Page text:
10. The Chronic Deadline Dodge
Don’t: Allow unmet deadlines to throw everything and everyone off track. With all the unexpected obstacles you face in a workday, it’s not always easy to meet deadlines. And yes, sometimes it’s impossible—but those times should be few and far between. When people chronically miss deadlines, it’s a sure sign of a cultural issue. Either people aren’t giving it their all—or they’re truly overburdened. Either way, your company’s productivity will suffer.
Do: Set reasonable, clear deadlines for everyone involved and hold hem accountable. Once something gets off track, nobody is willing to own it. Make sure you set reasonable deadlines that you and your teammates can meet to avoid setting folks up for failure. And even if it takes some extra elbow grease from time to time, make a conscious effort to meet every deadline every time—and hold your team accountable for meeting them, too.

11. The Unattainable Atta-Boy (or Atta-Girl)
Don’t: Get so caught up in what’s ahead that you forget to acknowledge what’s happening now. Most managers and business leaders would agree that they feel a lot of pressure. And it can be hard for them to constantly be the ones catching the heat from the higher-ups while the rest of the employees have only their own goals to meet. However, when responsibilities give you to-do tunnel vision and cause you to skimp on the “job well done’s,” employees can get discouraged in a hurry—especially if you immediately ask about another goal that’s gone unmet or push more work at them to make up for losses in other areas.
Do: Express appreciation and admiration when appropriate. Employees don’t need a pat on the back and a round of applause at every turn. What they do need is to know that you can be satisfied. If, like a hamster running in a wheel, employees feel as though no amount of hard work or hours spent will ever garner the boss’s approval or satisfaction, their energy and self-motivation will be zapped.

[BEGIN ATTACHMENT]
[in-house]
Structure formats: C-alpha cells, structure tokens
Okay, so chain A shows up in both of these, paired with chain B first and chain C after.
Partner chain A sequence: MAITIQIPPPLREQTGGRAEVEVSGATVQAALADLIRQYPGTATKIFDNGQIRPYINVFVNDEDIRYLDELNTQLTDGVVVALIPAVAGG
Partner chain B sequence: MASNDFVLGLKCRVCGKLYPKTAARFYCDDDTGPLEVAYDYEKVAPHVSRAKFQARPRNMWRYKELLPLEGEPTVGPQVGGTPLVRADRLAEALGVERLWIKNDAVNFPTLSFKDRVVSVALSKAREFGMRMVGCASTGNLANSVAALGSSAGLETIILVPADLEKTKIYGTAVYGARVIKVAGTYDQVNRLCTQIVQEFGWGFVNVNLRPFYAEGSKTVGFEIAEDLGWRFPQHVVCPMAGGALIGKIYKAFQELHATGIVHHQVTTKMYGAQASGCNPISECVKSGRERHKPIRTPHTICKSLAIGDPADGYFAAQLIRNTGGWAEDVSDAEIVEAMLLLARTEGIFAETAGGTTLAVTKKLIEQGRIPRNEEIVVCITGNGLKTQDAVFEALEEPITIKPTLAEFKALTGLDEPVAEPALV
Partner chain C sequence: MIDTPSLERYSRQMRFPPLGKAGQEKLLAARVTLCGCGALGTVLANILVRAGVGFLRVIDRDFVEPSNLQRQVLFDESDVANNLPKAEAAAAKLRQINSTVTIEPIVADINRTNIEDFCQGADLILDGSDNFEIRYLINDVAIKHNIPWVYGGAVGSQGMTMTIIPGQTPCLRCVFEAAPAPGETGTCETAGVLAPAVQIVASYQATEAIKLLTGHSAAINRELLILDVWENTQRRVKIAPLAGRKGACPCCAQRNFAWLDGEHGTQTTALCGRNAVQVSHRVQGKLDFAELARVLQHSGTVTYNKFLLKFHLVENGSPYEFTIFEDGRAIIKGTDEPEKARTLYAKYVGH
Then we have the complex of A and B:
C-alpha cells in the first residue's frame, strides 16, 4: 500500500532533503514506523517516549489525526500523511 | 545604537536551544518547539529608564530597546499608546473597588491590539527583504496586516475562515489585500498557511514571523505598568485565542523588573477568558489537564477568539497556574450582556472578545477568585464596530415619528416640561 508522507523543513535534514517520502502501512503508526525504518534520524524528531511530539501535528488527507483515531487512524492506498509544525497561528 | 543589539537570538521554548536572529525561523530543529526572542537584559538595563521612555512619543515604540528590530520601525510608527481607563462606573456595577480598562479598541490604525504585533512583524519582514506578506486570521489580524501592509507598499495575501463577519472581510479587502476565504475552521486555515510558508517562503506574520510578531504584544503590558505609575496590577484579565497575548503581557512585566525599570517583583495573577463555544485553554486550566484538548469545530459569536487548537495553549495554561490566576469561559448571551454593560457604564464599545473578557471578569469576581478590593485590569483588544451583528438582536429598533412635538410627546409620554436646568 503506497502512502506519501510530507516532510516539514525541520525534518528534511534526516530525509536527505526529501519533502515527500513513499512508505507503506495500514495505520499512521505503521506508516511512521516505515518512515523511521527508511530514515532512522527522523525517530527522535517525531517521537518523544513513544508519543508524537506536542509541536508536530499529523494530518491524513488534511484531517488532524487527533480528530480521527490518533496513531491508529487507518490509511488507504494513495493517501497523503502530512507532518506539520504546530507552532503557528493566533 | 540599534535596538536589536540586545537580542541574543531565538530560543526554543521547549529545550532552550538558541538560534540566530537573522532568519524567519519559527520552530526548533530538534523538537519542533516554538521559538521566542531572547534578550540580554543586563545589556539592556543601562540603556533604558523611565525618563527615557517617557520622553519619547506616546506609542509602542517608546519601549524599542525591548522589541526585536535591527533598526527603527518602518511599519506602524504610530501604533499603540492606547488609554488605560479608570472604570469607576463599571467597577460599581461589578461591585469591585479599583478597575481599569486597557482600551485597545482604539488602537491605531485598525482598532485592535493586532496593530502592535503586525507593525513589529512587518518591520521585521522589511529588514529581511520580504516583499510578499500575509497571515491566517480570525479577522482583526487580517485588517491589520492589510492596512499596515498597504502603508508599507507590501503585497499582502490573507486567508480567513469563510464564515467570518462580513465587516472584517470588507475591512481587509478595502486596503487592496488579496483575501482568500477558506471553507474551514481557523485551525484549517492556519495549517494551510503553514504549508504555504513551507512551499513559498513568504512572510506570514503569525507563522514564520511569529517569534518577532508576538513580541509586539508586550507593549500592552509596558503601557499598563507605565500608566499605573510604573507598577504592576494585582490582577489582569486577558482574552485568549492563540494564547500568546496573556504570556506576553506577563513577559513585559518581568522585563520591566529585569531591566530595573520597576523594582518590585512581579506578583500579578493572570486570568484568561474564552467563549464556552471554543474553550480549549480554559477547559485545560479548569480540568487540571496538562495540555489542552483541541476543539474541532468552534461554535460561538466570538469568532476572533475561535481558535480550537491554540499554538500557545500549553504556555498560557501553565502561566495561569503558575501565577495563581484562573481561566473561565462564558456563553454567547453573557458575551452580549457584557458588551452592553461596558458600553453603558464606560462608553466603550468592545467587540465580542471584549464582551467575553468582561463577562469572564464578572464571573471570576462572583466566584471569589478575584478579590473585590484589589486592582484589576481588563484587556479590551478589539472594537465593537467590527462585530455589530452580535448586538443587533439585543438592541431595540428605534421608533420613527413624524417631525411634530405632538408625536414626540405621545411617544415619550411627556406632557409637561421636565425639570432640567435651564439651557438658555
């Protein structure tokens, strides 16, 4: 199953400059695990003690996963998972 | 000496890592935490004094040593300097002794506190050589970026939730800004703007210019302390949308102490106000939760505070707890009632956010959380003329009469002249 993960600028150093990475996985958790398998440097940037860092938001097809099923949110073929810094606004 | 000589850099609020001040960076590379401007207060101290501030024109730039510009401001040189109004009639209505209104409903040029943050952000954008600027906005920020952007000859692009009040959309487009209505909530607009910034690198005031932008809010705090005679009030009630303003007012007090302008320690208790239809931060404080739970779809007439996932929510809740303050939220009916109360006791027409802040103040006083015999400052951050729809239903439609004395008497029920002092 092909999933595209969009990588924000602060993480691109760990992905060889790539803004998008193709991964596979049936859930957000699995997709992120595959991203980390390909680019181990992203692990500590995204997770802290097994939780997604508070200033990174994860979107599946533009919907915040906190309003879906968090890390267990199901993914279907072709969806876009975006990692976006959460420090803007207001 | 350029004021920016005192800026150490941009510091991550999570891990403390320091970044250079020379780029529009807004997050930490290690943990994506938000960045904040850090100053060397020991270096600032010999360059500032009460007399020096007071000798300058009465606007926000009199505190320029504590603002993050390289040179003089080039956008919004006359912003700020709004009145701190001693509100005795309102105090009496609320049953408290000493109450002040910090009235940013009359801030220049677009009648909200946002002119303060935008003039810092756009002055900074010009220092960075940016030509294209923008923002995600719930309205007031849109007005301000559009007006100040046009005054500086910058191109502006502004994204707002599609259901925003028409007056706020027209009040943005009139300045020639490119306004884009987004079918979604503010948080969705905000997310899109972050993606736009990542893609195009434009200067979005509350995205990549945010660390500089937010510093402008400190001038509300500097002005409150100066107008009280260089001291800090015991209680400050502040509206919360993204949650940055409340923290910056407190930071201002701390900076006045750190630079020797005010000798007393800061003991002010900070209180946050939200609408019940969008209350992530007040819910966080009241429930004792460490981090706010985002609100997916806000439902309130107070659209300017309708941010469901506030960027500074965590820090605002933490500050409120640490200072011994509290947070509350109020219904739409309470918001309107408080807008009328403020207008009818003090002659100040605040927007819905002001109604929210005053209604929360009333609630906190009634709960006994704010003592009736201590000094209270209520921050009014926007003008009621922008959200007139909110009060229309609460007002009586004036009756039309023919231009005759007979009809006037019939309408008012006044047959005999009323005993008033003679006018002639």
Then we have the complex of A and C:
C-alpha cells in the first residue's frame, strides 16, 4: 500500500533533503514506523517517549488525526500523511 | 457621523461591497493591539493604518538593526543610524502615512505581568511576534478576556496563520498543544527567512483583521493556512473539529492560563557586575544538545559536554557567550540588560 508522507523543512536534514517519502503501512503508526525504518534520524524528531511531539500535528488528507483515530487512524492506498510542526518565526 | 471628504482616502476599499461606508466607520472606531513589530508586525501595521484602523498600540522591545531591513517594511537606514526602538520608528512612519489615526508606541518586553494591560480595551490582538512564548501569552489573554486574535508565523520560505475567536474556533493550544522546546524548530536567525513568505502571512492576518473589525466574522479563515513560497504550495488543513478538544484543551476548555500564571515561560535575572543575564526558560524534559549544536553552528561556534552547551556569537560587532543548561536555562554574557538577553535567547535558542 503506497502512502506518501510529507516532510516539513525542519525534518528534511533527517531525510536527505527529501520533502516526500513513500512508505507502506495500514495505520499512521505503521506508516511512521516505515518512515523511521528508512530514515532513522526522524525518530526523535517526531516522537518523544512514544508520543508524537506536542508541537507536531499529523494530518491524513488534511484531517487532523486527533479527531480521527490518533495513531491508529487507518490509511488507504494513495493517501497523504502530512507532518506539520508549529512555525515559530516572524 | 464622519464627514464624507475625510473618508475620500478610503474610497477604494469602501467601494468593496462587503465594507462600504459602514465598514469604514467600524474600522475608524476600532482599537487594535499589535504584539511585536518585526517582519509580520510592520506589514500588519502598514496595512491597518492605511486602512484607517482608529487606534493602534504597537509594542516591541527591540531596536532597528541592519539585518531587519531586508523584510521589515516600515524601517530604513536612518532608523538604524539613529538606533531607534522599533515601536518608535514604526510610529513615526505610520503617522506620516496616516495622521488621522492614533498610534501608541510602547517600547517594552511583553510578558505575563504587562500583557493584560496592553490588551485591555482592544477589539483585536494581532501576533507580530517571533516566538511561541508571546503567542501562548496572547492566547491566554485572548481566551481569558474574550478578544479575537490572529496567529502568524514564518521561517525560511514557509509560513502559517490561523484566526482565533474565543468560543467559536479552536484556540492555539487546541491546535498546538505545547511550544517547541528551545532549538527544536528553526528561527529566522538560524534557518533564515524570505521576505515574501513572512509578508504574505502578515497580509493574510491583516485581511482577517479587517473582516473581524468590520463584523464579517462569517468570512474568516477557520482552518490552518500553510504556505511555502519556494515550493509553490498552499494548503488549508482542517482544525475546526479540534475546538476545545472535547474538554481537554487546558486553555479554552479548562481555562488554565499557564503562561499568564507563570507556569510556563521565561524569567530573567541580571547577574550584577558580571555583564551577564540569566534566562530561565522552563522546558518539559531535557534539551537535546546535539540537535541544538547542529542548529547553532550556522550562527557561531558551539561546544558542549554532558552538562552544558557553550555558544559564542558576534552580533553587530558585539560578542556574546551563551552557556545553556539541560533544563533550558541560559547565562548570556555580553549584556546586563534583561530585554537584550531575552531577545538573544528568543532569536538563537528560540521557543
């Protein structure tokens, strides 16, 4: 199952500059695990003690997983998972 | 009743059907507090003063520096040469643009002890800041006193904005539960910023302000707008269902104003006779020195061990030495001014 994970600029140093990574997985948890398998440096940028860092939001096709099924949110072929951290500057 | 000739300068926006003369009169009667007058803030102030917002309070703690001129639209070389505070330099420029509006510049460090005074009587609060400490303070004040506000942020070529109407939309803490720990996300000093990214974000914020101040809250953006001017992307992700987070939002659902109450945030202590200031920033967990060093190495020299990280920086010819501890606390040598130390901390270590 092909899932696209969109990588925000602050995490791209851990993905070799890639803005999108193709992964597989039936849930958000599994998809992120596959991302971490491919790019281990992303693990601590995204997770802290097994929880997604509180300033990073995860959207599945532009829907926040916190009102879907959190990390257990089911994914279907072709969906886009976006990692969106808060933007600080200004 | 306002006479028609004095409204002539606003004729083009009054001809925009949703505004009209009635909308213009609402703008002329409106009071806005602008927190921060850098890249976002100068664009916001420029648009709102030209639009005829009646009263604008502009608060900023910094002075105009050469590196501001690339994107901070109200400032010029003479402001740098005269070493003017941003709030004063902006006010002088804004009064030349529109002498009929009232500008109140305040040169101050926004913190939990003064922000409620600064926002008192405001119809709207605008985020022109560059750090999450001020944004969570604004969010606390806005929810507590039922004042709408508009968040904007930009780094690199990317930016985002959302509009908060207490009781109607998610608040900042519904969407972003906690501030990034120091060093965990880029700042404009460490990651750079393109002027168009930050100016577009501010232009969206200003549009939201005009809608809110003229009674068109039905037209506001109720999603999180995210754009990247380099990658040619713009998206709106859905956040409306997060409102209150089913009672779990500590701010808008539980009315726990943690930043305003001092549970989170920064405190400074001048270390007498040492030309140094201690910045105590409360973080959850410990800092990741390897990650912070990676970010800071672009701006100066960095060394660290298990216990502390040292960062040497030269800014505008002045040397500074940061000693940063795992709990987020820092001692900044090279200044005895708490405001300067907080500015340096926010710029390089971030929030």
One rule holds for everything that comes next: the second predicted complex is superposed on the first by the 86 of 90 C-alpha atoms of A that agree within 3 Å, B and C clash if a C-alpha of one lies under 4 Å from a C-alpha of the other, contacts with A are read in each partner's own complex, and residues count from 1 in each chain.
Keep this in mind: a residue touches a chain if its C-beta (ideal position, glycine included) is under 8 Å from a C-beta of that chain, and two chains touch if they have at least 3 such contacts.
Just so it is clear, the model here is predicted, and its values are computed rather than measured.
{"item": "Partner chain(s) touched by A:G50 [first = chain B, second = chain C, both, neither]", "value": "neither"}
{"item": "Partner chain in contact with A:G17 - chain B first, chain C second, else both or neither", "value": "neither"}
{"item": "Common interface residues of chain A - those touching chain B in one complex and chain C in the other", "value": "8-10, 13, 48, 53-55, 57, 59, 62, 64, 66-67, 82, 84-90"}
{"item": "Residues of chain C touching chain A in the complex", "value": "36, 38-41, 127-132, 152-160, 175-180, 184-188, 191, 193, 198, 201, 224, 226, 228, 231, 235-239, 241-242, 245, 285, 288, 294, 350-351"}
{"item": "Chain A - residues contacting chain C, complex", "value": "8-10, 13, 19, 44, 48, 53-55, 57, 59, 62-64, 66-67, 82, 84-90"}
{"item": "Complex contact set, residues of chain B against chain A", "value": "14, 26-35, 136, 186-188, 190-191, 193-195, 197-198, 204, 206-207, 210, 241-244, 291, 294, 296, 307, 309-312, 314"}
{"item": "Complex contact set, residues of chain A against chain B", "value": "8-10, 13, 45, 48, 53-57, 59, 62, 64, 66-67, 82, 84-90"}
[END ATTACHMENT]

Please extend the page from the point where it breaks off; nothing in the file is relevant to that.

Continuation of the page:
12. The Blame Game
Don’t: Point fingers at others to take the heat off yourself. A mistake is made, a deadline is missed, the boss is mad. If all eyes are on your team and you start pointing fingers, you could be making a huge mistake. If your employees or your co-workers don’t think you shoulder your share of the blame or are unapproachable when it comes to constructive criticism, they’ll start to shut down.
Do: Accept responsibility for your actions gracefully and humbly. Nobody likes to be the one at fault. But owning up to your mistakes and learning from them are big parts of working together and being successful. If you make a mistake, be the first to own up to it and try to do things differently in the future. Also, be open to suggestions and criticisms—they may make the going much smoother.

If some of these behaviors sound all too familiar, don’t despair. The cusp between the year that’s just passed and the one to come is the perfect time to take stock of what’s making your culture less than nourishing—and resolve to make it better.

Jon Gordon’s book is called “Soup: A Recipe to Nourish Your Team and Culture,” published by Wiley, 2010.
ISBN: 978-0-4704878-4-6, www.Soup11.com